International Beer Challenge 2018 crowns supreme champion
A 5% abv Bavarian Helles lager was named the world’s best beer at the International Beer Challenge Awards 2018 in London last night.
An expert panel of judges gathered in Holborn to taste each gold medal winning beer in order to decide trophy winners for best in class brews.
These category champions then went up against one another to determine a Supreme Champion, and ABK Hell Das Blaue scooped the coveted gong.
It is a lightly golden lager, with a bubbly, medium white head, with a soft and sweet aroma created by grain and floralhops. The taste is full-bodied, with lots of green apple and persistent hints of pine and herbs, with a light bitterness that persists through to the finish.
ABK has been brewing in woodland at the base of the Bavarian Alps since 1308, and it also produces a pilsner, a heffweizen, a dunkel, a schwarz and an edel.
ROK Drinks distributes the brews in the UK along with Bogart’s spirits and UB Irish whiskey.
ABK Hell also won the trophy for best lager up to 5% abv, while Bohemia Doppelbock from Cervejaria Bohemia in Brazil was named best lager above 5% following the blind tasting conducted by judges.
The panel included brewers, journalists and educators, most of whom were table captains at the initial IBC judging.
After much debate, they arrived at a number of winners from across the globe. Changeling from Rising Sons Brewery in Cork was given the trophy for best ale up to 5%, and Cervejaria Bohemia was successful once again as its Bohemia Wee Heavy was named best ale above 5%.
For the second year in a row, Belarusian brewery Lidskae won best wheat beer for its eponymous brew, while Crazy Brew in Russia took best stout or porter for its Russian Imperial Stout.
Italian brewer Birra Del Borgo won best flavoured beer for L’Equilibrista, which evoked a beautiful sparkling rosé wine, and Hertog Jan Grand Prestige Vatgerijpt Goose Island won best speciality beer.
IBC chairman Jeff Evans said: “It’s been another fantastic year for beer and another fantastic year for the competition, which is now 22 years old. We’ve received more entries than ever before and judged beers from no fewer than 39 countries. The full colour of world brewing was represented, with styles ranging from dark milds to doppelbocks, pilsners to porters and saisons to Scotch ales on show.
“The benchmark is set extremely high and there are, sadly, many beers that fail to win any medal at all, and that means that those that claim bronze, or even better, silver, really do have plenty to shout about.
“But the pinnacle is the gold, a medal that is very sparingly awarded, and it is by scrutinising the list of gold medallists – and tasting them tonight, because here we have them in the room – that we can see just how exciting the world of beer has become.
“But we also go a step further, in the pursuit of excellence. We then take all the gold medal winners and judge them again to find the best of the best, our trophy winners. Congratulations to all our trophy winners. It really is no mean achievement.”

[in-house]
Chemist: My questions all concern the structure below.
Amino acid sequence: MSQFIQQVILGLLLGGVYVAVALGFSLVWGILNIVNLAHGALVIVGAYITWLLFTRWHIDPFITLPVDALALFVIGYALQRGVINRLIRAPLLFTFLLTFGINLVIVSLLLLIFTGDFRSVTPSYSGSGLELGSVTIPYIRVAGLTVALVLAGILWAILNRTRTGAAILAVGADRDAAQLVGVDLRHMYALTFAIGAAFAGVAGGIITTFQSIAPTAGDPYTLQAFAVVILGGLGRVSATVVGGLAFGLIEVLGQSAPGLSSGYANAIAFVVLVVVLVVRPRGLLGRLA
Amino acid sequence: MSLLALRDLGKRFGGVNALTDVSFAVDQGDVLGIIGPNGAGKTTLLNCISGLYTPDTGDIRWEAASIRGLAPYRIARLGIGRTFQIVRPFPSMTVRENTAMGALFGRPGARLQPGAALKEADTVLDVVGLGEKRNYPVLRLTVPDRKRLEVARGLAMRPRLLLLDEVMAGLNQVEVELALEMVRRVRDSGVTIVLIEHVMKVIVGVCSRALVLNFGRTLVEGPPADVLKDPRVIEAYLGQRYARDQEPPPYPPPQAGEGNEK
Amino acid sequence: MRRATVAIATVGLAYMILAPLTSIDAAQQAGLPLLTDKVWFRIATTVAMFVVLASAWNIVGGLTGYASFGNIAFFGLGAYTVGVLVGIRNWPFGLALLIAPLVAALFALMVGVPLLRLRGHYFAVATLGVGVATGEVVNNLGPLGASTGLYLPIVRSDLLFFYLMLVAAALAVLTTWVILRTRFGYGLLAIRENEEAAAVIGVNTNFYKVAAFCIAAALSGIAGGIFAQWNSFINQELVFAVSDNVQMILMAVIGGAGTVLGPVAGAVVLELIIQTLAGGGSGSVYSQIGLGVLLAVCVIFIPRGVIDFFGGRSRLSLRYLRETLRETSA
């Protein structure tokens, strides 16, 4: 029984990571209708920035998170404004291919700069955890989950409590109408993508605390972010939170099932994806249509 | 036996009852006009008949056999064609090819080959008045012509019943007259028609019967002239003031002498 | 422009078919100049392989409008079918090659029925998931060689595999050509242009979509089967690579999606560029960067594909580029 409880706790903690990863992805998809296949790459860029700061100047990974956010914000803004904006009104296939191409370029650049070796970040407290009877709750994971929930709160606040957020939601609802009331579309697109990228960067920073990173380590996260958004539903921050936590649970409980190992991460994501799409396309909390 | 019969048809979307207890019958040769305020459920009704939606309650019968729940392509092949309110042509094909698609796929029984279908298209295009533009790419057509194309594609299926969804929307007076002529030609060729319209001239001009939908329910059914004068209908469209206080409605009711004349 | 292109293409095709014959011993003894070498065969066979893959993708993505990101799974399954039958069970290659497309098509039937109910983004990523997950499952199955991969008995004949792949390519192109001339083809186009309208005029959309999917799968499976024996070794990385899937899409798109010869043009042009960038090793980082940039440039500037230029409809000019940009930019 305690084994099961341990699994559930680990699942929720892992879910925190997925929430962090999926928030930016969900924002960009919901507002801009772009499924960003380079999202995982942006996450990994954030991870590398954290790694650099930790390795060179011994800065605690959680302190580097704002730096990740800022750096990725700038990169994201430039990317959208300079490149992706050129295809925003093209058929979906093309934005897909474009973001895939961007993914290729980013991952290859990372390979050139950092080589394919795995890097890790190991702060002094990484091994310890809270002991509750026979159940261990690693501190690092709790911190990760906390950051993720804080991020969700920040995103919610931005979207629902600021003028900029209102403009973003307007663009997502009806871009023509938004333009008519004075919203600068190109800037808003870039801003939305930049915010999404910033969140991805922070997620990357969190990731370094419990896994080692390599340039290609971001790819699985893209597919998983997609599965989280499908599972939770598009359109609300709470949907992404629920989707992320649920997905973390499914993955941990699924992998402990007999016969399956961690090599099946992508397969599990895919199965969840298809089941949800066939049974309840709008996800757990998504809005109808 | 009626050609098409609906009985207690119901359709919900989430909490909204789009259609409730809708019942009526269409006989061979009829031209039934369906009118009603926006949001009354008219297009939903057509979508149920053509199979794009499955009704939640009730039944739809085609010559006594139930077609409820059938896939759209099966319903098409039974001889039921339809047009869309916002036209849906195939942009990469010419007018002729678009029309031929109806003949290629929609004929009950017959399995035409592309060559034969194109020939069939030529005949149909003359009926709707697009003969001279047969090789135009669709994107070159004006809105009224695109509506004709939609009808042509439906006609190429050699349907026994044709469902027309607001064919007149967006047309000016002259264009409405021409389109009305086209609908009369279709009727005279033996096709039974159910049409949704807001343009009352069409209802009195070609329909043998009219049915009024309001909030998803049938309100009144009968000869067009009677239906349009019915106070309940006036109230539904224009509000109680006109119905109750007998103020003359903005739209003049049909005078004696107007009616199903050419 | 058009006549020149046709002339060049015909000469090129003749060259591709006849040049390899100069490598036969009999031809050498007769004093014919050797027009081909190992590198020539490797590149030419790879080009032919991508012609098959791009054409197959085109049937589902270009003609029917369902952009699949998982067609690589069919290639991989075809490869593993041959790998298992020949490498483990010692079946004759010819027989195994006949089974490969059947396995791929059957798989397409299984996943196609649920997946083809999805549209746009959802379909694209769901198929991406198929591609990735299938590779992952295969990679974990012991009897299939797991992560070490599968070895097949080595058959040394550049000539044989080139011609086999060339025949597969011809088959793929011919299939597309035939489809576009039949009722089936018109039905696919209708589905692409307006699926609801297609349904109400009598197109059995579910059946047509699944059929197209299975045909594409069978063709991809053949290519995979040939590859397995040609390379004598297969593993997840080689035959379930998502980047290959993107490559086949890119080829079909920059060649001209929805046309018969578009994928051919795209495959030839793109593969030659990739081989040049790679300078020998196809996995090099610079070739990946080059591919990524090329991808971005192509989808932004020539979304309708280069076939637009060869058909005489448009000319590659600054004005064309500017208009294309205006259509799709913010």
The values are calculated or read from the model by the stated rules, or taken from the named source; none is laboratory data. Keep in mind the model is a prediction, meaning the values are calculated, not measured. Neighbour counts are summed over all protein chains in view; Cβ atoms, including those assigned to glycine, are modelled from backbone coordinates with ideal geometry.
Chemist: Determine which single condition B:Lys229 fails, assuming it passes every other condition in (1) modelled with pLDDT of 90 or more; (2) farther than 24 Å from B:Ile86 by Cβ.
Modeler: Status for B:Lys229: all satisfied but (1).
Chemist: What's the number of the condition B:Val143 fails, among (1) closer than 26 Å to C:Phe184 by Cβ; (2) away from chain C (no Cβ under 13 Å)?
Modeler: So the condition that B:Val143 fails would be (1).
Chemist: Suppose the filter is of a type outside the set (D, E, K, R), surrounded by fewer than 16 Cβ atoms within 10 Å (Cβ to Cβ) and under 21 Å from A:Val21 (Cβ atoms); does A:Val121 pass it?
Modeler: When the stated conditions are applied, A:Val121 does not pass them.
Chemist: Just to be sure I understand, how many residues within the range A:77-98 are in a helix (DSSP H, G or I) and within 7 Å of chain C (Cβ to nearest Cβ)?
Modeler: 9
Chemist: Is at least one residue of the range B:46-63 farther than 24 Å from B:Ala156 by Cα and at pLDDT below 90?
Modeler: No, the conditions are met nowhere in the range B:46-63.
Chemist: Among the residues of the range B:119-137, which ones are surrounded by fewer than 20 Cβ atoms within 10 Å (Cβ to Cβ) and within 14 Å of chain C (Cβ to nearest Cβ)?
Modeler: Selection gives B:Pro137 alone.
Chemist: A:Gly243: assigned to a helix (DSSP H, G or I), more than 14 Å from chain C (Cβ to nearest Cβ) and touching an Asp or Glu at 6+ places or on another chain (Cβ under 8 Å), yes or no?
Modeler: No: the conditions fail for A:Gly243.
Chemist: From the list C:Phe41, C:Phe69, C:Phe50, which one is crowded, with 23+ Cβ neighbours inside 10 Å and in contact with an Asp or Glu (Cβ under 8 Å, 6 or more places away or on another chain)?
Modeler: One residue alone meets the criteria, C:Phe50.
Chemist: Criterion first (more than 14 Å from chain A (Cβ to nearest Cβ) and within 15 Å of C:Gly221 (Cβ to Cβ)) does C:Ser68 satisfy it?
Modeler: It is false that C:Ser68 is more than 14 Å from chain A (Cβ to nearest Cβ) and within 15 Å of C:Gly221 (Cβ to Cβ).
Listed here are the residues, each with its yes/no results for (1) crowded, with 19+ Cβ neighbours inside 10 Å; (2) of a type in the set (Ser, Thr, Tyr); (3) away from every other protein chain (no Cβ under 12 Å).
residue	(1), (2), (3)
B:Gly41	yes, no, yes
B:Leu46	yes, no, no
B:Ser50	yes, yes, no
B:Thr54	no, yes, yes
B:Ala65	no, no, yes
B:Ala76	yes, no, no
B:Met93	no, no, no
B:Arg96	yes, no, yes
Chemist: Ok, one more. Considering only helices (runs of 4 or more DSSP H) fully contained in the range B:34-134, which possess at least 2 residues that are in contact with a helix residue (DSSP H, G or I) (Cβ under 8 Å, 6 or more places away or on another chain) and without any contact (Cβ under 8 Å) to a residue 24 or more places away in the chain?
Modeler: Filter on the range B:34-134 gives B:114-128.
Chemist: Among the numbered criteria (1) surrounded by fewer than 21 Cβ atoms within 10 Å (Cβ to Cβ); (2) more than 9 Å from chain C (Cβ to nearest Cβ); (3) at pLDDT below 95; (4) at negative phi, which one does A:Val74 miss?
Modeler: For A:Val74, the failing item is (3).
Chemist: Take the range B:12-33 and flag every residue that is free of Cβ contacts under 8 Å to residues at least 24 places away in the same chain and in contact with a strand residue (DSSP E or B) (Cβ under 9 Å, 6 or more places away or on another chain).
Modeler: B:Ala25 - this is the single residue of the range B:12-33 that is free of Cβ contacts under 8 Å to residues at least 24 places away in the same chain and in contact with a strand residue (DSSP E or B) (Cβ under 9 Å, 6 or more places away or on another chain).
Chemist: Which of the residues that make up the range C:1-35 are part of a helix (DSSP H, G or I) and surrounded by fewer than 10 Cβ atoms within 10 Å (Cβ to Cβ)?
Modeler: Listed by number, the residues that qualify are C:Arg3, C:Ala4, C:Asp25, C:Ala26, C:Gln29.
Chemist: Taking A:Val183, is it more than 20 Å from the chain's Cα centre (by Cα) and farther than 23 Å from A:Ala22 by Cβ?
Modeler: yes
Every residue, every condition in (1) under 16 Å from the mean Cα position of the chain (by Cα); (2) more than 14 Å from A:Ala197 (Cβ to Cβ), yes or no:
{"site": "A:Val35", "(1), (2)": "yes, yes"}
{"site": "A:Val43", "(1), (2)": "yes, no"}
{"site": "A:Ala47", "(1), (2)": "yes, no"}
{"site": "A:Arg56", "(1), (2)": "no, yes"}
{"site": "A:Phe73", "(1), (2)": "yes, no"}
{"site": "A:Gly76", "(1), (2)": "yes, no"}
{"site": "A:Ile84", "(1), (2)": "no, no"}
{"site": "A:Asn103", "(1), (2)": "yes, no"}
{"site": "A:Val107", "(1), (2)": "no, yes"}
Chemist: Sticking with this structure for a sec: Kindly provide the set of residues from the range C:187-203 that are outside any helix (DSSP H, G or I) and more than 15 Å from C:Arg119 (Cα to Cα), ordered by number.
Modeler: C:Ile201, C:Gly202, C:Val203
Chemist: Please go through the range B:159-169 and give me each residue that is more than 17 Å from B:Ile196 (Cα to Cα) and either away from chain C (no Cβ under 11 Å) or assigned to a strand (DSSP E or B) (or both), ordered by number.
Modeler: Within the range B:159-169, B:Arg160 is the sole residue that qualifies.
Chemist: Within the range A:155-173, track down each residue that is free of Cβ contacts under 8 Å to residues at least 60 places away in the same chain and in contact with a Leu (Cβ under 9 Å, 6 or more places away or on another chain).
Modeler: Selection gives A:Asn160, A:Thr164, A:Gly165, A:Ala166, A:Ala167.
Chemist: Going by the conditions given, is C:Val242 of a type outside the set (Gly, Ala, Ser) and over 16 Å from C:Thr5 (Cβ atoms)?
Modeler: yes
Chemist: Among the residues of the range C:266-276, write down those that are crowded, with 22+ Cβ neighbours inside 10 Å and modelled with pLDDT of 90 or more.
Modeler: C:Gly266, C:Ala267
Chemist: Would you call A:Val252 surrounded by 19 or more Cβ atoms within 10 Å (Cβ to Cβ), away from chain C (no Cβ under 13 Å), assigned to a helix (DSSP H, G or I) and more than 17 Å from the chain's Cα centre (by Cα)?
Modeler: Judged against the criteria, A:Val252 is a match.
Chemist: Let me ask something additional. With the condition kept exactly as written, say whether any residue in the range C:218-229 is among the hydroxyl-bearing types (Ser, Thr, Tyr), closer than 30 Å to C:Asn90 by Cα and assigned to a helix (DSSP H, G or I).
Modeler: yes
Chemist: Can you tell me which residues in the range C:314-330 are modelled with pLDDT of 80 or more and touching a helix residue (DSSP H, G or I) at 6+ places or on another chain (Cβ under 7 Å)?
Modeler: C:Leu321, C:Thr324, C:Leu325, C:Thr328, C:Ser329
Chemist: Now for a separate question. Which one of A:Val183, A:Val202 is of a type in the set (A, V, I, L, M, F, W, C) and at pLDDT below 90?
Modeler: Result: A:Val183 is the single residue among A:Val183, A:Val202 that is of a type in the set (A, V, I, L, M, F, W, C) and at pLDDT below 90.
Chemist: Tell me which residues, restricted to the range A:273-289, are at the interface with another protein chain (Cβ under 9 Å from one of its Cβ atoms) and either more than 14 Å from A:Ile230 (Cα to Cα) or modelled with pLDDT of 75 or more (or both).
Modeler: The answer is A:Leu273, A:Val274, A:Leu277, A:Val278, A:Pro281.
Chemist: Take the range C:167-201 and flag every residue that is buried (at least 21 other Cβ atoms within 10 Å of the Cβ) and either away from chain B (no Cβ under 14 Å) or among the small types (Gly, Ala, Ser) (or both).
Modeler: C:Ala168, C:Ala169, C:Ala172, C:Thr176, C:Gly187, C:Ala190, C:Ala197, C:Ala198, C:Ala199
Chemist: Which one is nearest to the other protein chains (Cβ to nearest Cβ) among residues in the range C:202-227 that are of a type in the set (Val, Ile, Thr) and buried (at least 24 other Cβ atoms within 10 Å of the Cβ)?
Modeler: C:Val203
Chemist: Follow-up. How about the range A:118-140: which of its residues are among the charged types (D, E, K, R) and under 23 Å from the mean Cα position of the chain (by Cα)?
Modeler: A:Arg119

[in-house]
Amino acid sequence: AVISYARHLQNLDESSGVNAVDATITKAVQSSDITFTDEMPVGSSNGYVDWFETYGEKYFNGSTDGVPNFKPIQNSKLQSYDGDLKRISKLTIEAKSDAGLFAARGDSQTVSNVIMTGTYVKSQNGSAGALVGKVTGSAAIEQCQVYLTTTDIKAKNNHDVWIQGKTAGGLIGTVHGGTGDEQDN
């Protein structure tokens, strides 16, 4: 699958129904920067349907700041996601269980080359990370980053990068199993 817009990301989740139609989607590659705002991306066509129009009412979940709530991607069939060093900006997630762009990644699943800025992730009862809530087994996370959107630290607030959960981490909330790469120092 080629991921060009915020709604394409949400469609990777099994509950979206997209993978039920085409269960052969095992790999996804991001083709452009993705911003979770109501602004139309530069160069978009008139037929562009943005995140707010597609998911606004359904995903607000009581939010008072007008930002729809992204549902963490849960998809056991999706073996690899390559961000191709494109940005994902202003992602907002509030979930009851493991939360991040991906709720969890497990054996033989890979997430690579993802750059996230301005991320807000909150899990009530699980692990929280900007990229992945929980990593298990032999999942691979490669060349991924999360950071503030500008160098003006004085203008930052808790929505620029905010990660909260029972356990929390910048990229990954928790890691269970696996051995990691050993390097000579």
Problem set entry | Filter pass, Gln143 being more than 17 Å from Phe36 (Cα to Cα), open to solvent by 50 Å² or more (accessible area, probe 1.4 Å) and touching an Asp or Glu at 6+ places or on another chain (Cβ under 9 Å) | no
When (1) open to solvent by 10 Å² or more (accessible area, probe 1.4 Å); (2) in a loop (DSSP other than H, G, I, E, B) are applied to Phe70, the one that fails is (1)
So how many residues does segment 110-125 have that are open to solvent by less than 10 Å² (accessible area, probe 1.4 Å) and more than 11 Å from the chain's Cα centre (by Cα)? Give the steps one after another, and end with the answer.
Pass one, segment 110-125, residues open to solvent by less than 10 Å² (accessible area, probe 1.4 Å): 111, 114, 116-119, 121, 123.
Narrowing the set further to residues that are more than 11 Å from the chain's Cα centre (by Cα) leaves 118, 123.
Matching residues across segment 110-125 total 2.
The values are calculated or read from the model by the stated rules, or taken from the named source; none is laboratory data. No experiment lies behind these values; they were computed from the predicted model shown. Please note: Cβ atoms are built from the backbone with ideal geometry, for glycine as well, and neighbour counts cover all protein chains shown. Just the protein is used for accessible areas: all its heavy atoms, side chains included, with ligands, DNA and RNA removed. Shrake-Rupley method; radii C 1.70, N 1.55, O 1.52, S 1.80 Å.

As DRN runs the awards, we hand out a gong each year for UK retailer of the year, rewarding the most successful own-label range, and Marks & Spencer reigned supreme this year with two gold medals, nine silvers and 12 bronzes.
Sussex-based Harvey & Son was named UK brewery of the year for gaining three golds, three silvers and seven bronzes.
Hertog Jan from the Netherlands landed four golds, three silvers and three bronze medals to be named European brewery of the year.
Melbourne-based Hawkers was named Oceania brewer of the year after picking up a gold, two silvers and a bronze.
We were unable to award an African brewer of the year as no beers from the continent gained the appropriate medal haul. No Asian breweries won a gold either, but Carlsberg Vietnam earned a highly commended award for earning a silver and a bronze.
Cervejaria Bohemia capped a fantastic night by taking the South American brewer of the year award thanks to its haul of three gold medals – two of which went on to win trophies – along with seven silvers and six bronzes.
Samuel Adams producer Boston Beer Company had two gold medals, four silvers and 10 bronze medals, so it was named North American Brewer of the Year.
The best performing of the bunch was Hertog Jan, which took the supreme champion brewer award.
London’s Fourpure took home the Glenn Payne Rising Star trophy as the best up and coming brewery in the world.
Judges also handed out trophies for design and packaging. Harvey & Son’s Tin Lizzie won the trophy for best new product, Bierbank Imperial Russian Stout was named the best re-packaged product, and the design and packaging supreme champion award was shared by FrogBeer’s fruit series and Harvey & Son’s craft can range.
Design and packaging chairman Paul Foulkes-Arellano said: “The quality of entrants in the design and packaging awards section is of such a high standard right now.
“The last decade has seen a complete transformation of the beer sector worldwide when it comes to design. The influence of craft beer design can be seen right across the sector, from small brands right through to the major multinationals.
“It’s a real pleasure to see beer design come of age. Now we see designs across the board on a level with those from the world of wine and spirits.”